Two-by-Fours and Time


We give gifts to teachers a few times a year, even though both the kids are in high school now. (We studiously ignore the unwritten rule that teachers of teens don't like presents and/or don't deserve tangible thanks.) Here are four great times for sending a little something (note, edible, office supply):

  • The day after open house. Imagine working all day and being told you have to spend supper time and your own kids' bedtime projecting your best professional self to a hundred or so of your newest clients...and then get up before dawn the next day to wrangle those clients' kids some more. Yeah. A "thank-you-and-glad-to-meet-you" treat is the least I can do.This year's offering was a giant-sized personalized anti-bac gel along with a note saying that we are looking forward to working with them. (They loved it!)
  • Christmas
  • Teacher Appreciation
  • The last couple of days before summer, when wild kids, exams, paperwork, and just plain ol' fatigue might make even the most dedicated teacher doubt their calling.

When it came time to choosing what to send, I just looked to see what I had on hand.

Turned out, I had some wood and some time.

(And a husband willing to lend me his power tools and then patiently tutor me in their use.)

Which led to this...

Click image for larger view
and, more importantly, this.

It's a gift born from the union of this pin and my own experience teaching middle and high school.



humofdelicious.com
Why, yes, eleven years after leaving the classroom,
I still have Shoe2 in easy reach.
(Shoe1 in my favorite bright blue
just disappeared one day...apparently
a student wanted it for home?
It's a cup, a slouch sock (80s, anybody?) and a
zipper bag of sand, hot-glued. I seem to remember
mailing my older sister--also a teacher--the mates.
Back then, I kept this real high-top tennis shoe on my desk, filled with "loaner" pens and pencils. To stock it, I picked up every pen or pencil I found in the hall, and soon my middle- and high-school students were bringing me "booty" rescued they'd from the janitors' dustmops. Unasked, mind you. (Soon they starting making me pens and bringing me pens from vacation like the ones in the picture, packed just like that the day I left!) Rather than be a hard case and make kids beg for writing utensils or paper, I chose to give them what they needed so they could focus on what we were doing.  (Maslow's Hierarchy of Needs, anybody? I figure having the required supplies belongs at least on the "safety" level.)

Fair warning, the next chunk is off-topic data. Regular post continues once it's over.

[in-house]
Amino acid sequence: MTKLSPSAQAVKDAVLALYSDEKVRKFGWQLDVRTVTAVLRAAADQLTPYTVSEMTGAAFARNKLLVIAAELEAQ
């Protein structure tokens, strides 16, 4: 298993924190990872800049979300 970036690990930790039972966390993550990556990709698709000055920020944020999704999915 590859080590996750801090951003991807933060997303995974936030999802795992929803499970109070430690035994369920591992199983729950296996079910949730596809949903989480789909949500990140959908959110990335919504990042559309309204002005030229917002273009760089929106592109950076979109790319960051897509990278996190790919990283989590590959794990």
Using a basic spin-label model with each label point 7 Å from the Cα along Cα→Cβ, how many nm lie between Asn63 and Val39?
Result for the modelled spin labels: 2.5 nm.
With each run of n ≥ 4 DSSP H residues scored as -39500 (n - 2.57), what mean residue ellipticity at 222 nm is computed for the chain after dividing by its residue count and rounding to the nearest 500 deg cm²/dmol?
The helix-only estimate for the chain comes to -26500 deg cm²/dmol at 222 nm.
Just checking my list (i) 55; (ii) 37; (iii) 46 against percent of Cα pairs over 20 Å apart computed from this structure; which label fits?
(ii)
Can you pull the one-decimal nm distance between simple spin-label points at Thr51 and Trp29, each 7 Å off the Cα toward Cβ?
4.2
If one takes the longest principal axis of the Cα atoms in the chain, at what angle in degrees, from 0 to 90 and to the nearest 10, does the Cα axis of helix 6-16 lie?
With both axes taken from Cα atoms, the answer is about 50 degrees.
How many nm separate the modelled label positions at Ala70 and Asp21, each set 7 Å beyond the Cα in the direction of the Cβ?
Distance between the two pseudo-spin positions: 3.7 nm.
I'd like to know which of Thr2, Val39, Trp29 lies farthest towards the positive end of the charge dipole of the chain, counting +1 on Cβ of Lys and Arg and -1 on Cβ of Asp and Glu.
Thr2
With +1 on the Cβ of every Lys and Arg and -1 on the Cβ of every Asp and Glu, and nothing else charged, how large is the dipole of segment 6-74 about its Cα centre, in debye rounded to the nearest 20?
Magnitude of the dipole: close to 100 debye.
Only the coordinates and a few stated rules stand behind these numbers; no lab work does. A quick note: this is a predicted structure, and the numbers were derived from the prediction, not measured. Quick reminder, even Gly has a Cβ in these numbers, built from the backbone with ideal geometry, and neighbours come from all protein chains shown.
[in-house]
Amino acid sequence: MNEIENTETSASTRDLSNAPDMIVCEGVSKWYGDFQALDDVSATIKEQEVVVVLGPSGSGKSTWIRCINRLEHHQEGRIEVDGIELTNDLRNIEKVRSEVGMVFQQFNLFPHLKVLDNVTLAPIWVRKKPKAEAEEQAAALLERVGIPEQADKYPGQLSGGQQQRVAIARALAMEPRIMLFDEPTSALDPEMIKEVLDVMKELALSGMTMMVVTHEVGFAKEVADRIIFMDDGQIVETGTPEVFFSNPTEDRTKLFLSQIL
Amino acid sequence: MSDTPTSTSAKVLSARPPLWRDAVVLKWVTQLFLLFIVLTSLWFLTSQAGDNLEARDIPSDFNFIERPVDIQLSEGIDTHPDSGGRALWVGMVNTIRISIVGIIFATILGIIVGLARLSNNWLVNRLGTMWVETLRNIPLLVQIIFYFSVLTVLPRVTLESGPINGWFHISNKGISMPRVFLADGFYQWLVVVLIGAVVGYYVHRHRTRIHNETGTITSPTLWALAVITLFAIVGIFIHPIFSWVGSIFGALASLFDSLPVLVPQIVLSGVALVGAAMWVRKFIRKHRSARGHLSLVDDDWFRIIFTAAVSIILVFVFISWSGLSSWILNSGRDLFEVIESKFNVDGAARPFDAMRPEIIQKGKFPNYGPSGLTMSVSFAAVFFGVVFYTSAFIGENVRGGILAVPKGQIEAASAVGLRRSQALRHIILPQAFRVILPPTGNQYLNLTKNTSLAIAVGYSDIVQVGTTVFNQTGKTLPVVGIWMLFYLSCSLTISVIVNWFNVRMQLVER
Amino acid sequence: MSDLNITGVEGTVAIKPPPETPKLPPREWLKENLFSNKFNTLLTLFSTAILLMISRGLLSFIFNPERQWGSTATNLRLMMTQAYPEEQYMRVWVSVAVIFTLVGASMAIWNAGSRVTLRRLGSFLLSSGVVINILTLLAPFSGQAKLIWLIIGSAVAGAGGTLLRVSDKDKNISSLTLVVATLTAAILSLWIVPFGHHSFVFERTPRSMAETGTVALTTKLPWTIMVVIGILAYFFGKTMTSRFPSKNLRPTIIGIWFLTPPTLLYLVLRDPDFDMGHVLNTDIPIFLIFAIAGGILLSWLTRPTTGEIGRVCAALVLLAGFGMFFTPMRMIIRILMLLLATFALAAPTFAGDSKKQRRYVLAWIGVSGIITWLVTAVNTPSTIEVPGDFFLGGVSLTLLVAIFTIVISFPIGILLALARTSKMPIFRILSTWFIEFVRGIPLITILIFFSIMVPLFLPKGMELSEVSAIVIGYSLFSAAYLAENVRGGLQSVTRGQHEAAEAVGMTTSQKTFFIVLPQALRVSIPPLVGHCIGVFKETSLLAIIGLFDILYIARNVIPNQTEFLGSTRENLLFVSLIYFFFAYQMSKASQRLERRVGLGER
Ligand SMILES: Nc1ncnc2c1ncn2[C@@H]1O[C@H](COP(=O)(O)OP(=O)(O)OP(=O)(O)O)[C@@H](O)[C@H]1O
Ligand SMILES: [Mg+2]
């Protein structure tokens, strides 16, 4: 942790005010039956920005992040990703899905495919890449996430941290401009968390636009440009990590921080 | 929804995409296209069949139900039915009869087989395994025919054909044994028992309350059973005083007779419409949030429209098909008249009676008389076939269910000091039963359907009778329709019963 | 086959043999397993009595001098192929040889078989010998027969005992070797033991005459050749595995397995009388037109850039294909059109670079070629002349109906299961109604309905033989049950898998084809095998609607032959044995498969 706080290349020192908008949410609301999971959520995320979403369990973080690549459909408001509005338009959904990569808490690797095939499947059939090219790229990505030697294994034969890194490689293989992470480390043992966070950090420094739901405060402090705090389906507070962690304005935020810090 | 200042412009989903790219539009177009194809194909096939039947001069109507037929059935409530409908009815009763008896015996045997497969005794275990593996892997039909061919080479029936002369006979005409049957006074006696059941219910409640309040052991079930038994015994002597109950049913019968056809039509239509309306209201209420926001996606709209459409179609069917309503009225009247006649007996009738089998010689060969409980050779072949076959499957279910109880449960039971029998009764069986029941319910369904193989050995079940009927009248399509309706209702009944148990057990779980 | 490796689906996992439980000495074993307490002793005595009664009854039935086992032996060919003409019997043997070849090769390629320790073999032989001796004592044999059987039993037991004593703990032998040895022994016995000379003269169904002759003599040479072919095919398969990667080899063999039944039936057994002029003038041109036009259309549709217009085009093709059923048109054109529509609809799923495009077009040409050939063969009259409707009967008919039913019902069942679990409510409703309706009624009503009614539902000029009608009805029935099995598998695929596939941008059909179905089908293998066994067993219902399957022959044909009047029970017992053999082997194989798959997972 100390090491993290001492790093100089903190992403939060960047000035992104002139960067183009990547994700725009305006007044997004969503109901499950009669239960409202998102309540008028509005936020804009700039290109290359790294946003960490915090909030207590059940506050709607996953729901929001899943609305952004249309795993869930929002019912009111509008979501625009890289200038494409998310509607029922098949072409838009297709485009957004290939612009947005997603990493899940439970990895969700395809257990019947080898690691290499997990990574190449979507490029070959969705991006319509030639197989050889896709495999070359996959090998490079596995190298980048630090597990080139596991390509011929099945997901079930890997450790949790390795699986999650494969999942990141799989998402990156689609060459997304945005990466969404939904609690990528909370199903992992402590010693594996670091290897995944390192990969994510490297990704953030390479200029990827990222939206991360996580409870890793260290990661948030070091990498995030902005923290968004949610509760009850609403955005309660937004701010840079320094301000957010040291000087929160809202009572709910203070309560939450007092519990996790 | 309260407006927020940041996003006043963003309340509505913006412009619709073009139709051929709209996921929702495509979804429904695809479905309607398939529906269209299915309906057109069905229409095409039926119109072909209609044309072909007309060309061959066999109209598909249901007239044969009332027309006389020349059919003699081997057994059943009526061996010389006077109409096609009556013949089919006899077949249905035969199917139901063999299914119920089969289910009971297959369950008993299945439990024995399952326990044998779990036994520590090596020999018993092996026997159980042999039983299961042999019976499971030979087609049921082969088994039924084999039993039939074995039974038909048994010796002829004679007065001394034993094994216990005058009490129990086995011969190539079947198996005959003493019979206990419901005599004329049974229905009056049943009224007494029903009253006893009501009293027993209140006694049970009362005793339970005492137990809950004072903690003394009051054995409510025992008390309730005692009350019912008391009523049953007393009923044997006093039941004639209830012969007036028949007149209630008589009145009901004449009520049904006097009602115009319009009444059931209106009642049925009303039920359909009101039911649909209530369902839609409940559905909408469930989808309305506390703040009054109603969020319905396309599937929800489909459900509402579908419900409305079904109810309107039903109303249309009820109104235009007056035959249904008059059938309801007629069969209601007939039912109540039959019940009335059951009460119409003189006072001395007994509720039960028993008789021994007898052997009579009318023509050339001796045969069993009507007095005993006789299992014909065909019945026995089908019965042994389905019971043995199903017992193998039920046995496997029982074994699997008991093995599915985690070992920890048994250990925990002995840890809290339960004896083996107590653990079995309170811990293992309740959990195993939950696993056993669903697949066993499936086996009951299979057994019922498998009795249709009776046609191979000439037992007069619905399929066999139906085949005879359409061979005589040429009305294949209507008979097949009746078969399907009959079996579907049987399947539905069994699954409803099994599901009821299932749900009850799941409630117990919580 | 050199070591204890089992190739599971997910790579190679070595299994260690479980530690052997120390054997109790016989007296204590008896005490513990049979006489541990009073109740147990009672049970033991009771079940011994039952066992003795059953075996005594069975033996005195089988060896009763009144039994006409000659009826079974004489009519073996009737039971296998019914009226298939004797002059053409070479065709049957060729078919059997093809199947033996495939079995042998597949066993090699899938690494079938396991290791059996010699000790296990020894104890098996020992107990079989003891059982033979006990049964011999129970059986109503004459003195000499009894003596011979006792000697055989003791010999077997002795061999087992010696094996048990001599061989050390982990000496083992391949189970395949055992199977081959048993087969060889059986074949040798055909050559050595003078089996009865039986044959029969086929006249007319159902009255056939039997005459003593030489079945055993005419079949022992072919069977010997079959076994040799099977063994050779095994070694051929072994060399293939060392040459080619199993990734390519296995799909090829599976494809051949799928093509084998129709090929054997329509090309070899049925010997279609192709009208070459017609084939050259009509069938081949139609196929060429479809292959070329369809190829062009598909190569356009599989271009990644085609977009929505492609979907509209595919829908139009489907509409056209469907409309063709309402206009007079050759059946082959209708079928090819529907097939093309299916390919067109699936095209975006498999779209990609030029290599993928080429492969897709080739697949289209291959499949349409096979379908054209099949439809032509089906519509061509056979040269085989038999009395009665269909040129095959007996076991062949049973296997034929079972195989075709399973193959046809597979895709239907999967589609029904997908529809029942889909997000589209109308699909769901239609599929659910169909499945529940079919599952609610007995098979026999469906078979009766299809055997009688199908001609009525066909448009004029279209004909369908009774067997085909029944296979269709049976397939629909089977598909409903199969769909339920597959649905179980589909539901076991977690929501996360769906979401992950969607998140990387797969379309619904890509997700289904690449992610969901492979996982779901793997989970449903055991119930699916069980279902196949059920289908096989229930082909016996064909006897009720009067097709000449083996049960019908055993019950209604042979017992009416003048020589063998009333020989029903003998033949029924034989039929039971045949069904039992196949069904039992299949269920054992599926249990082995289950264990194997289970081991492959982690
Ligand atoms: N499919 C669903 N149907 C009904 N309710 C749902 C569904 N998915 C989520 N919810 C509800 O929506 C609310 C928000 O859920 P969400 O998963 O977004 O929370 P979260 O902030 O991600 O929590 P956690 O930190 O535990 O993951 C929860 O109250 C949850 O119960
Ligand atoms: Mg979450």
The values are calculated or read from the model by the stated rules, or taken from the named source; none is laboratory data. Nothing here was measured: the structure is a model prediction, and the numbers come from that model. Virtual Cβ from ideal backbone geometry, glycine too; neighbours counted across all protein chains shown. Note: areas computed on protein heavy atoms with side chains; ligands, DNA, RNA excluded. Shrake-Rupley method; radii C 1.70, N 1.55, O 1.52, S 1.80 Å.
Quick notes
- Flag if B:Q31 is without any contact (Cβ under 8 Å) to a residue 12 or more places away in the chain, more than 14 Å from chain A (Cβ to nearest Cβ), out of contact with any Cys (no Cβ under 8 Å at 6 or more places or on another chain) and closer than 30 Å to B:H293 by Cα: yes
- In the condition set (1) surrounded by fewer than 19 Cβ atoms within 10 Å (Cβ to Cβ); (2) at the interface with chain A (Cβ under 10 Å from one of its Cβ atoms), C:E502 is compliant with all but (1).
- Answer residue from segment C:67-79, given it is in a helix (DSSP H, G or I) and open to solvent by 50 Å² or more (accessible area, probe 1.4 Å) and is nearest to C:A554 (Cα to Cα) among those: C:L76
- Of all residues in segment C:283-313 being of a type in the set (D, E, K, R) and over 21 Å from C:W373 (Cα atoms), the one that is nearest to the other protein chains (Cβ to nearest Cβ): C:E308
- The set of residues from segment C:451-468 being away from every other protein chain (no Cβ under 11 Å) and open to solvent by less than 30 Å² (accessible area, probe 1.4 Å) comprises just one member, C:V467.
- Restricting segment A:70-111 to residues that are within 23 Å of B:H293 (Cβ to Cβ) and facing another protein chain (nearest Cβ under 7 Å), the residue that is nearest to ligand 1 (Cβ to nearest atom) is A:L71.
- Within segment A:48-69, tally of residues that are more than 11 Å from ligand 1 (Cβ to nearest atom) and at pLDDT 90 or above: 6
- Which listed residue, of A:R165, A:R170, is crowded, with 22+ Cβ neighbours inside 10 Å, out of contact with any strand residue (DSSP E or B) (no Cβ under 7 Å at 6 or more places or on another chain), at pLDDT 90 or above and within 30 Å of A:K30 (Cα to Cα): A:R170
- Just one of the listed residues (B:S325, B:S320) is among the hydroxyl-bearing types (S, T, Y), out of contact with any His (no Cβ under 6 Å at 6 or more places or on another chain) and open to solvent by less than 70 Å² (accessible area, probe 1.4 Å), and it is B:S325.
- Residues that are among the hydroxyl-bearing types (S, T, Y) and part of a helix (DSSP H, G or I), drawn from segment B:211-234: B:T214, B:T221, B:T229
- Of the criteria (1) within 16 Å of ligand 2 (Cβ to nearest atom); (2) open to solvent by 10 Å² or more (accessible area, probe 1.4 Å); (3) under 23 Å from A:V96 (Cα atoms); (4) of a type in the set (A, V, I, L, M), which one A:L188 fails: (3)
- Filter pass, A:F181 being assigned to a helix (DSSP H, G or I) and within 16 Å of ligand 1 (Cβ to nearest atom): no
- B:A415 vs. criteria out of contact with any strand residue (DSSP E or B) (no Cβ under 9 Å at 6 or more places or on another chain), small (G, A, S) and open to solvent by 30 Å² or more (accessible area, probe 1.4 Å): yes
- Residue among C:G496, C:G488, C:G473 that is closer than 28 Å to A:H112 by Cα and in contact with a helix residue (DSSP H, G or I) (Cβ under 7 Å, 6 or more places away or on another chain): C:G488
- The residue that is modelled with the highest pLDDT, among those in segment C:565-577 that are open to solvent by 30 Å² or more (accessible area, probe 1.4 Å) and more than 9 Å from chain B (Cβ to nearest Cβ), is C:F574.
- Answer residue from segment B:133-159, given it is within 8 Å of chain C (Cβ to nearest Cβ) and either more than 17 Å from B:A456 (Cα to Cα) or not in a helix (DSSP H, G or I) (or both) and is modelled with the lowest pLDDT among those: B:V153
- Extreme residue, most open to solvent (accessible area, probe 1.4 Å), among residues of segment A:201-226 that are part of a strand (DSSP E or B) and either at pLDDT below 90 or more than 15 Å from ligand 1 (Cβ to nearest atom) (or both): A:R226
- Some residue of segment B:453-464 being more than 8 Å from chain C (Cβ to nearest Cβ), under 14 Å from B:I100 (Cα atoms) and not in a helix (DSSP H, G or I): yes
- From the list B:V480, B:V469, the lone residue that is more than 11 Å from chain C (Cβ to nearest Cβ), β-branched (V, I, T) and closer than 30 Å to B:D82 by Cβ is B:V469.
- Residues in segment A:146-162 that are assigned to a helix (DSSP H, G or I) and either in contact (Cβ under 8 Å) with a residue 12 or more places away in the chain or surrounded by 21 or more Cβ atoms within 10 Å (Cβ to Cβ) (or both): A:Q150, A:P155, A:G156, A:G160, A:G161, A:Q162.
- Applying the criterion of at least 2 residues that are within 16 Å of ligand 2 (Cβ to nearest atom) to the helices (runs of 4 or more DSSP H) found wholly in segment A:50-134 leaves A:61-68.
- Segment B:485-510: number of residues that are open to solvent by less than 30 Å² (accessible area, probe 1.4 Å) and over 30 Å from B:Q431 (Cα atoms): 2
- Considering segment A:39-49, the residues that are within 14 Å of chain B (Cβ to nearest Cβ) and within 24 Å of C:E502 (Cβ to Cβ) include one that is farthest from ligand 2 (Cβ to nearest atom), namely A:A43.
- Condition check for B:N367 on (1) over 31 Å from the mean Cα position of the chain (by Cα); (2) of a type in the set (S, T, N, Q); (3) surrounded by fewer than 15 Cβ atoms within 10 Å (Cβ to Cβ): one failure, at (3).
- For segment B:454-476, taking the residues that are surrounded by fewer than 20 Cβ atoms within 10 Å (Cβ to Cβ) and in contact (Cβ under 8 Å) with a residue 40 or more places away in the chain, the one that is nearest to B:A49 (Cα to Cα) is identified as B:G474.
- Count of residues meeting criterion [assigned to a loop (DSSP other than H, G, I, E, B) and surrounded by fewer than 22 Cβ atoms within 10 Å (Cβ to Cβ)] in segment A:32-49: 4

And anyway, teacher-as-ally (and advocate) always made more sense to me than teacher-as-pain.

The chalkboard space will have "Thank you" written on it when we give it, but then the recipient can choose what she wants to write: Mrs. Whatsit. Happy Monday! Be Sweet! Loaners Here. Whatever.

It's a fun, cheap project. This wood was free--a new house in our neighborhood had a burn pile full of very muddy, uneven offcuts that C made short work of with his electric saw. The paint is from stash, except for the not-quite-white. I needed some anyway, though, since it's so useful.

Some leftovers and some castoffs
                  plus one balmy Sunday afternoon spent "renting" my husband's tools,
                                                      plus one day painting...
                et voila: 
a beachy, shabby pen holder for any teacher's desk, no matter how old their students are.

Want to see what one of my KIDS did with this idea for a favorite teacher? 


The Learning Curve
I usually let my skills catch up with my ambitions, 
and this project was no different. 
Here's my "report card."
  • New Skills: drill press, belt sander, distressing anything, chalkboard paint on wood (which has a grain!)
  • New Ideas: 
    • C suggested I use his heavy, unwieldy belt sander UPSIDE-DOWN on the table to spare my damaged rotator cuffs. (Yes, both. Sigh. Verdict: It worked! 
    • I wanted several colors peeking through, so I tried fudging it a bit by splotching color on where I thought it might look nice, before I added the white undercoat and blue top coat. Verdict:  It worked!
    humofdelicious.com
    Rather than paint full coats of four or five colors
    --and have to wait while each one dried--
    I tried splotching colors here and there, then
    sanding strategically to get it so show up!
  • Next time: 
    • Ask for more wood than I think I'll need. Even though I made spares, I want to make more!
    • Make the holes juuuust a bit bigger.
    • Be more careful of chalkboard paint overspray from the FIRST object sprayed...oops.
    humofdelicious.com
    There's clear Con-Tac paper on top with a hole
    cut for the "blackboard. I used its edges
    to grab and secure a shop towel all the way around.
    Better late than never, right?

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